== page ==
Hampden, which has wine bars, dive-y pubs, pasta bars and pizza palaces, is getting a barbecue restaurant. Blue Pit is on its way.
"I was walking to have dinner at the Food Market about a year ago, and I wanted barbecue," said David Newman, who will own Blue Pit with his wife, Cara Bruce. "I thought, 'There's no barbecue. I have to travel out of my neighborhood for it.'"
Bruce and Newman plan to have Blue Pit open by next spring at 1601 Union Ave., which has been home over the past few years to Ashberry Pub, Grey Goose Inn and Flips, all of which were leasing the building. Bruce and Newman are in the process of purchasing the 3,408 square-foot property, which sits across Union Avenue from the Union Mill complex, home to Artifact Coffee.
Newman, who was the executive chef at Brewer's Art, said he had been thinking of opening his own restaurant for a long time. "But I put it on hold," Newman said. "I really liked working at Brewer's."
"I’m lucky because food is my hobby as well as my profession," Newman said. "On my time off, I would either be baking bread, making pizza or making barbecue."
Newman said he had been seriously considering opening a Neapolitan pizza restaurant. "At the time, there was a hole in the market,” Newman said, "but it's since been filled."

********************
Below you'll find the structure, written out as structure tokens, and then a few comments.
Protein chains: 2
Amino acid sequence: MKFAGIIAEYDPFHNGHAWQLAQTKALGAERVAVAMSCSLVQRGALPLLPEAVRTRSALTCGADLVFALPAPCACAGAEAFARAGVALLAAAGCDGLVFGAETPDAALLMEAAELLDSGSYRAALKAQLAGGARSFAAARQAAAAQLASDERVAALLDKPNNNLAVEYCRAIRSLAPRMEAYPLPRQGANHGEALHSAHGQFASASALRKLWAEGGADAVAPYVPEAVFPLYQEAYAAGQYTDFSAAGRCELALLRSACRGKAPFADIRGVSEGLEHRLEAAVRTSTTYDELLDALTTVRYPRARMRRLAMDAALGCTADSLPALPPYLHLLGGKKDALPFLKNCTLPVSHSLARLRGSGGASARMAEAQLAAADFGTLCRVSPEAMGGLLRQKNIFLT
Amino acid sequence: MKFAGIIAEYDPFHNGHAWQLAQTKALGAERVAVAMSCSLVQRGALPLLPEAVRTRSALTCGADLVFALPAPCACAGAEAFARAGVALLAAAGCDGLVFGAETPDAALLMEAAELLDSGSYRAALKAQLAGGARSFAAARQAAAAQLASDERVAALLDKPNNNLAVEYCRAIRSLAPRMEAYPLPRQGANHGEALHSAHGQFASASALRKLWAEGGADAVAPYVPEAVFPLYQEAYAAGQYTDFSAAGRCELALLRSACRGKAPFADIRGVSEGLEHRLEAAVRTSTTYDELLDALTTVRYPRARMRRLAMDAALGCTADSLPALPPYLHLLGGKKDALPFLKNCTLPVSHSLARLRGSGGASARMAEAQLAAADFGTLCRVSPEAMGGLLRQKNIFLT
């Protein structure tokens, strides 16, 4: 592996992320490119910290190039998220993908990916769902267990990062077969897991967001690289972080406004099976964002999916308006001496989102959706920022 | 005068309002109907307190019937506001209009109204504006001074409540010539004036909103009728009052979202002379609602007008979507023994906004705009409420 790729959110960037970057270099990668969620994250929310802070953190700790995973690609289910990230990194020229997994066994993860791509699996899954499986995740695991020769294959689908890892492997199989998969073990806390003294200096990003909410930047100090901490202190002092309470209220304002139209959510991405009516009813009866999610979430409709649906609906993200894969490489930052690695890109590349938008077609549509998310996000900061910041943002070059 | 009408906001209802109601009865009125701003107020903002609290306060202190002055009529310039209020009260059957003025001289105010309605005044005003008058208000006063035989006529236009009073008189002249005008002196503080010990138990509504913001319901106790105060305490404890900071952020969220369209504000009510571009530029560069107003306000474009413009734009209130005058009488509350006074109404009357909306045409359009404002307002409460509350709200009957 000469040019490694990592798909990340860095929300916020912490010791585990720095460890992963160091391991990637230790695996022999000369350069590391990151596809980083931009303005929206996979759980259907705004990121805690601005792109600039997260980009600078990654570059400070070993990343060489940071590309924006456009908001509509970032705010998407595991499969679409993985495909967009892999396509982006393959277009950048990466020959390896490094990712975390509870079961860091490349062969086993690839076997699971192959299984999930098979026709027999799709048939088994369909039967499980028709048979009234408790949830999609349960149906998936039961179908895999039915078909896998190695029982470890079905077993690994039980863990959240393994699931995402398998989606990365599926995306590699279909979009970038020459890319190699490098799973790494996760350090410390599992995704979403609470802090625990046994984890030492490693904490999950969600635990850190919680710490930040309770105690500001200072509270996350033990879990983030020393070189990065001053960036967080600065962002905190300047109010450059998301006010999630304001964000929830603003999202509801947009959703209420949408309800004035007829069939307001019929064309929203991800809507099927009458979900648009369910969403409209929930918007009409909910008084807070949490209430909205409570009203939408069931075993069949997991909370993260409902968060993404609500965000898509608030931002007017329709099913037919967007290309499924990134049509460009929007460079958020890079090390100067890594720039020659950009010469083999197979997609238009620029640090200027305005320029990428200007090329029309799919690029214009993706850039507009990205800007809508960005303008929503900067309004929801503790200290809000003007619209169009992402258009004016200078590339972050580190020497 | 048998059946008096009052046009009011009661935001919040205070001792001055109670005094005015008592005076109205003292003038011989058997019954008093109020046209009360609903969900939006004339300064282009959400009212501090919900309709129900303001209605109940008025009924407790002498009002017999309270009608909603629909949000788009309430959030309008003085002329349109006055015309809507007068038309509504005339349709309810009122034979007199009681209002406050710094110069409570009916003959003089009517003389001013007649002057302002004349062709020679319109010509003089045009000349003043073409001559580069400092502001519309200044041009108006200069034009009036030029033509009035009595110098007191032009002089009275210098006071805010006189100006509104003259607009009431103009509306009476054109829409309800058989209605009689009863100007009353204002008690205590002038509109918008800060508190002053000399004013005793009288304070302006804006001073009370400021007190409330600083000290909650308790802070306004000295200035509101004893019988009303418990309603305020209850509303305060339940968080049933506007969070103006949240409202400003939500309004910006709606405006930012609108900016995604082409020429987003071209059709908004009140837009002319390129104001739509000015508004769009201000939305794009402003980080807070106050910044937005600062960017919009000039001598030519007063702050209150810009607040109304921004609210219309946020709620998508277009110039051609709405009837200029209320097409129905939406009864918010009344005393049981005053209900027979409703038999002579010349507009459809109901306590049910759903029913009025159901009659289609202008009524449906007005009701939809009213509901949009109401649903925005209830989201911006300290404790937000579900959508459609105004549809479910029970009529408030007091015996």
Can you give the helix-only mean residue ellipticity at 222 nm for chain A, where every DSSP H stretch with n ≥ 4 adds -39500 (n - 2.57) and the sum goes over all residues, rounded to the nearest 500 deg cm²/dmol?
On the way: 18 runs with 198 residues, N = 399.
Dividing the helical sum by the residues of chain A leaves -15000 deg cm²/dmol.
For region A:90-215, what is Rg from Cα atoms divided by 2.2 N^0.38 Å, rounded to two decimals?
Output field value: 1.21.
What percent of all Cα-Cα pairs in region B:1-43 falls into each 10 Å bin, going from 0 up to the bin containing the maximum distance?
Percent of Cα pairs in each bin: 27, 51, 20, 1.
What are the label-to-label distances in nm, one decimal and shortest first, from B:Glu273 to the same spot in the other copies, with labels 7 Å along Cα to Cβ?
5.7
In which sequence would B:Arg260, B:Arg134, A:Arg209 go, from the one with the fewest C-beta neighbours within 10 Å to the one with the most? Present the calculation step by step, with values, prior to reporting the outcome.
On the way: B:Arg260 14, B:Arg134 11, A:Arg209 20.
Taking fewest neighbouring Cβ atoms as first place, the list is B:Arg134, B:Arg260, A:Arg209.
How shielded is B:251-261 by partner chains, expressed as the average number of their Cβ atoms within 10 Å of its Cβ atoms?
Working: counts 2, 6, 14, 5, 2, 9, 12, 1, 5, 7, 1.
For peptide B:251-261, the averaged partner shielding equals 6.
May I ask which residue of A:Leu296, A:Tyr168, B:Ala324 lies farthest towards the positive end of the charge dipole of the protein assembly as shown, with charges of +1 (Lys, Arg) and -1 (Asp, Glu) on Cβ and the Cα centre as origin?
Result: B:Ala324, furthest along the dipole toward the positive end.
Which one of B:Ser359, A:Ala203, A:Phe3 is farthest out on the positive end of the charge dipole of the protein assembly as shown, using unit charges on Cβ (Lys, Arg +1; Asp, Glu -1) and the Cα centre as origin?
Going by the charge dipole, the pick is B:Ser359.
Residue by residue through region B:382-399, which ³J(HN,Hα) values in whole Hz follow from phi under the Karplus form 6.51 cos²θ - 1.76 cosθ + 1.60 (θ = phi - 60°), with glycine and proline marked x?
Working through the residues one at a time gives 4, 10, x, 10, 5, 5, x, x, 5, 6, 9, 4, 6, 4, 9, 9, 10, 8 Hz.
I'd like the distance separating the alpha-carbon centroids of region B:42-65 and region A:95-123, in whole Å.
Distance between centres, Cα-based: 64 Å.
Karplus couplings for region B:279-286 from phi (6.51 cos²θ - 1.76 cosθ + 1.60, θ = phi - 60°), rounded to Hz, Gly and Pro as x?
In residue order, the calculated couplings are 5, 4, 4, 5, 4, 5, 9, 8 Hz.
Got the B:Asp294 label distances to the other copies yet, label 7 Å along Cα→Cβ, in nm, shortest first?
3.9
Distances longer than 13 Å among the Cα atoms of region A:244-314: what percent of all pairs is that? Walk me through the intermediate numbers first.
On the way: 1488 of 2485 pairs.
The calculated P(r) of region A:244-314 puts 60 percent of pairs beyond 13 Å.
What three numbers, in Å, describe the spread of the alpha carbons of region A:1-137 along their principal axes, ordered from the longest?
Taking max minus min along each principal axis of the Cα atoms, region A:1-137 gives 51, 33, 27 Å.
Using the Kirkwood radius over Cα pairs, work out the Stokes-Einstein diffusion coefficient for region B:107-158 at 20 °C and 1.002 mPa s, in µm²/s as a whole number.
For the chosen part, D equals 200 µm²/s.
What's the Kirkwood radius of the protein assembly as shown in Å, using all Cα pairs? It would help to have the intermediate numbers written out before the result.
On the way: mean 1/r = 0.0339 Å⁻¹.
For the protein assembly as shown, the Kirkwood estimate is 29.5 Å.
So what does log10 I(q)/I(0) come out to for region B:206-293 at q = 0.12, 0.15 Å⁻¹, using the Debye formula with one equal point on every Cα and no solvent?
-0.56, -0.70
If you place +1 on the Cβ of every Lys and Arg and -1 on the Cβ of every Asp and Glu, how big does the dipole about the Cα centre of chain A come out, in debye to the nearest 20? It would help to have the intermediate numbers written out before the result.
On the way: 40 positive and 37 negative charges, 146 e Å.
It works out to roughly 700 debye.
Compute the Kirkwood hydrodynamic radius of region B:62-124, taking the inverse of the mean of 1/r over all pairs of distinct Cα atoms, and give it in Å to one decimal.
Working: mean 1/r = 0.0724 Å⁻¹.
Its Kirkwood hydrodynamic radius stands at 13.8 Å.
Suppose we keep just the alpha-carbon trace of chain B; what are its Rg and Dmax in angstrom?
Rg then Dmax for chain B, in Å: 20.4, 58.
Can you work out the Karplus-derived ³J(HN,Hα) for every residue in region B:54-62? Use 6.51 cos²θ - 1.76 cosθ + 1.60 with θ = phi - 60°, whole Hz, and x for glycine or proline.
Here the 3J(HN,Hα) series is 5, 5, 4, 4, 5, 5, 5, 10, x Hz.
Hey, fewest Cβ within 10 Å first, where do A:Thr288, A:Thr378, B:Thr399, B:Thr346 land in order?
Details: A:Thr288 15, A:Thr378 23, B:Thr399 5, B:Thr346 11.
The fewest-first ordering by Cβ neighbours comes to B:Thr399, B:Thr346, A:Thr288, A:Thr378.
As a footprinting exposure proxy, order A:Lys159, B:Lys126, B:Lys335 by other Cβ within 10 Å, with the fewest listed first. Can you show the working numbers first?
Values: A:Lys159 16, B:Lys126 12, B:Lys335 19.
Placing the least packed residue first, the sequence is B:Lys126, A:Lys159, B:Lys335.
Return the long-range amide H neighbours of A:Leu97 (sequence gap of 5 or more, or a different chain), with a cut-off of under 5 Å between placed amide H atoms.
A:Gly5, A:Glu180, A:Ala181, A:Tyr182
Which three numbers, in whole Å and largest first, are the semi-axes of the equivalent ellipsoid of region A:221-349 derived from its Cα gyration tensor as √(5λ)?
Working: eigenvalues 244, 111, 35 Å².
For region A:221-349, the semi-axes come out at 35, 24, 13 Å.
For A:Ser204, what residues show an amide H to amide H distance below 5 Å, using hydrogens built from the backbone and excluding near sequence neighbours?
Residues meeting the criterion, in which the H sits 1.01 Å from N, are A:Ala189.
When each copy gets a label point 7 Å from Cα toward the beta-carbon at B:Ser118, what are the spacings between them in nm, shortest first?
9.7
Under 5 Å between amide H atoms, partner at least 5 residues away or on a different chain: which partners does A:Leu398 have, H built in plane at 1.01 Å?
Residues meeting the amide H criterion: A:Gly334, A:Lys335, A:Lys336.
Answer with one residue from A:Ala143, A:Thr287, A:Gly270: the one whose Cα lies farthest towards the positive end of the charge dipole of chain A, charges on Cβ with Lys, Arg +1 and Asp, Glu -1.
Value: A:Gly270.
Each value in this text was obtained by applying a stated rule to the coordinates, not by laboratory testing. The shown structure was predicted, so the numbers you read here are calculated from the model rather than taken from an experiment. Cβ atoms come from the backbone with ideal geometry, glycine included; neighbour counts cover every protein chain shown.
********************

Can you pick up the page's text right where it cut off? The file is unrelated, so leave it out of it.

Blue Pit will have a full bar — an application for a liquor license transfer was approved on Oct. 10 — and will operate as a fast-casual restaurant, Newman said. Customers will order at a counter, and the food will be delivered to them. "I want to use metal trays," Newman said. "Texas-style."
But Blue Pit won't specialize in Texas-style barbecue. "I would call my barbecue Hampden barbecue. Wherever there's good barbecue," Newman said, "I’m going to replicate it."
Newman said the restaurant's name, Blue Pit, refers both to a barbecue pit and to their blue pit bull, Naples. He said the back patio at Blue Pit will be a welcoming spot for the neighborhood's many dog owners, and bicyclists, too.
"People can bring their dogs," Newman said. "We will be pet-friendly and bike friendly."
Bruce and Newman both grew up in Reston, Va, and re-connected with each other in San Francisco. They moved back to Baltimore, in part, Bruce said, because they wouldn't be able to afford owning a home and a restaurant in the Bay Area.
"San Francisco is so expensive. It's really hard to do things like this," said Bruce, who is a writer and editor — the San Francisco Examiner called her the city's "hippest young erotica writer."
"We were lucky to find a place in Hampden," Bruce said. "We love our neighborhood and our neighbors."